Khan’s journey is a graphic account of what she, like so many other women has had to go through in their lives. It was her meeting with Imran that probably changed her life in many ways. As a successful TV personality, though Pakistani journalists are disparaging about her credibility and didn’t take her book seriously enough, she couldn’t pass up an offer of marriage from the once-devastating Kaptaan himself. Despite her misgivings and those of her children, who remain her major support, she consented to marry this man, not known for his intellect or his fidelity by all accounts. She is not ecstatic about her life in his sprawling and unkempt mansion in Bani Gala, on the outskirts of Islamabad, overlooking the Rawal Lake, all the while trying to set so many things right. From repairing and re-decorating the house, paying for groceries, cooking and cleaning, fending off his predatory sisters and his coterie, and his demanding harem, Reham Khan tried to settle herself into her expected role as the ‘National Bhabhi’, and failed.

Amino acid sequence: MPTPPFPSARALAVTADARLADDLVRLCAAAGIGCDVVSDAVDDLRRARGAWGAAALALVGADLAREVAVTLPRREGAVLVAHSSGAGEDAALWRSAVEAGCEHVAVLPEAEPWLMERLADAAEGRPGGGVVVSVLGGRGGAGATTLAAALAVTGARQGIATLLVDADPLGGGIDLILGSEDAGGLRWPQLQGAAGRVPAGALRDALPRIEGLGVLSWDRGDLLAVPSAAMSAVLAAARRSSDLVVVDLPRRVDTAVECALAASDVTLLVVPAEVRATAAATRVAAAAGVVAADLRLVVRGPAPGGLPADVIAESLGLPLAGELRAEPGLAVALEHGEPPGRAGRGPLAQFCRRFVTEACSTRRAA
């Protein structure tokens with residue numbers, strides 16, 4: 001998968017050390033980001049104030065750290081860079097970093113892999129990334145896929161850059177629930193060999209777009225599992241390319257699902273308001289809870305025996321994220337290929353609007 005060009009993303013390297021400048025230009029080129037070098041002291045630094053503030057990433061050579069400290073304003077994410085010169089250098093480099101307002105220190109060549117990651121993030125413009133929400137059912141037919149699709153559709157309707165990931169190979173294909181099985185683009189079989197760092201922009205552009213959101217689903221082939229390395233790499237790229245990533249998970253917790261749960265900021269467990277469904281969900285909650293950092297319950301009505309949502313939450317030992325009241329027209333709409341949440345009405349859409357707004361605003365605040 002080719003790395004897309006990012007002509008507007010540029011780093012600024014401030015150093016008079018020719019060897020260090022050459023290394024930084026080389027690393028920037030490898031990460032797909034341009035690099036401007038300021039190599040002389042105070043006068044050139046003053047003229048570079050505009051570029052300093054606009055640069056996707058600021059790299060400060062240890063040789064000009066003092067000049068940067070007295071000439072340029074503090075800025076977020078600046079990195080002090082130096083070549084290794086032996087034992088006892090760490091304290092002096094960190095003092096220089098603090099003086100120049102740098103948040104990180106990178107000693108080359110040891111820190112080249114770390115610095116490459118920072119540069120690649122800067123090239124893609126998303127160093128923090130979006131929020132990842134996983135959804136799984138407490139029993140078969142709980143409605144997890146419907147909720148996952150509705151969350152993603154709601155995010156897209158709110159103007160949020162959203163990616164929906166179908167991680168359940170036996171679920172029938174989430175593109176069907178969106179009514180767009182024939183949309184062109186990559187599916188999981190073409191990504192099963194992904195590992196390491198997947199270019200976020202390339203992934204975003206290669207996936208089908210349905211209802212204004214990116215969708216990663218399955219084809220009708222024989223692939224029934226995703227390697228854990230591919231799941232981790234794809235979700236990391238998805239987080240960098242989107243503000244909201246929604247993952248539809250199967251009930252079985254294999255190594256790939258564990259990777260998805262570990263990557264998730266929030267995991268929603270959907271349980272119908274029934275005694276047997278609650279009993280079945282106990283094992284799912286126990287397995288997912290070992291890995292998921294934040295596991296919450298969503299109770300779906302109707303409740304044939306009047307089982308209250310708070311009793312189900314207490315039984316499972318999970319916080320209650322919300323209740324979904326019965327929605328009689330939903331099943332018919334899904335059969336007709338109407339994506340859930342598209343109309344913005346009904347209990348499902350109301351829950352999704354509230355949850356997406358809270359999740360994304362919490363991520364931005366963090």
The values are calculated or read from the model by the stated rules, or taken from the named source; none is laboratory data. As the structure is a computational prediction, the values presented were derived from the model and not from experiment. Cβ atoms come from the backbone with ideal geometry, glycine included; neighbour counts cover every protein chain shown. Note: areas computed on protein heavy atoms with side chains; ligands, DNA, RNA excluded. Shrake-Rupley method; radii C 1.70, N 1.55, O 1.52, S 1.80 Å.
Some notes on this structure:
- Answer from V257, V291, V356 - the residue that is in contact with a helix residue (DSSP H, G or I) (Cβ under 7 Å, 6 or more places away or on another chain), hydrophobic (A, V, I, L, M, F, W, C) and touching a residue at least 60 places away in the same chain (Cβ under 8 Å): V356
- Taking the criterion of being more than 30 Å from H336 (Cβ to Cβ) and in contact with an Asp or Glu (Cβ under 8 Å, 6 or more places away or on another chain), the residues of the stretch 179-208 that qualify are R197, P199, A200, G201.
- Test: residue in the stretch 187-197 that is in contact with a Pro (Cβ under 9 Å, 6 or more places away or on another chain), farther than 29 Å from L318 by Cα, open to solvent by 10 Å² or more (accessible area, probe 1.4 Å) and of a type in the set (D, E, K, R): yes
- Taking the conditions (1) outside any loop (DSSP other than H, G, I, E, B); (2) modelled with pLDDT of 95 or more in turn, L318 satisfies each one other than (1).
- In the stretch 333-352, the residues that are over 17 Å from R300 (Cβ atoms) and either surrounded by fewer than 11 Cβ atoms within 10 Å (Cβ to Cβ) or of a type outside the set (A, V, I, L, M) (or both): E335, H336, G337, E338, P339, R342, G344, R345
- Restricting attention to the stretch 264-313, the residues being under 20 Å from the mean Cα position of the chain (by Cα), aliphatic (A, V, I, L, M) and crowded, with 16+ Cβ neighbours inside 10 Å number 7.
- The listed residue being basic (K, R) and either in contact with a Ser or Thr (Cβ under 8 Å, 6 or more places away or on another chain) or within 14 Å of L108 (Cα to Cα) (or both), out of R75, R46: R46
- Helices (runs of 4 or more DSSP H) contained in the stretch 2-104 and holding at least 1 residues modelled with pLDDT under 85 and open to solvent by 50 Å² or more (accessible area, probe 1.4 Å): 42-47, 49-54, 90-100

Being a devoted wife, she undertook to lend an ear and become a helping hand to the problems of people, soon started addressing election meetings. The venal politics within PTI and in her country did not allow her to get much further in her new avatar. While she was dealing with politics and trying to get her husband to change the corrupt ways of the party and its government in the Khyber Pakhtunkhwa province, she also discovered a side of Imran that is told in breathless detail. The anecdotes often seem salacious, but his cocaine habit, his poor personal hygiene, his penchant for black magic, his numerous liaisons, his affinity to the rich, lack of accountability for his expenses and those of the party, were already the subject of much gossip.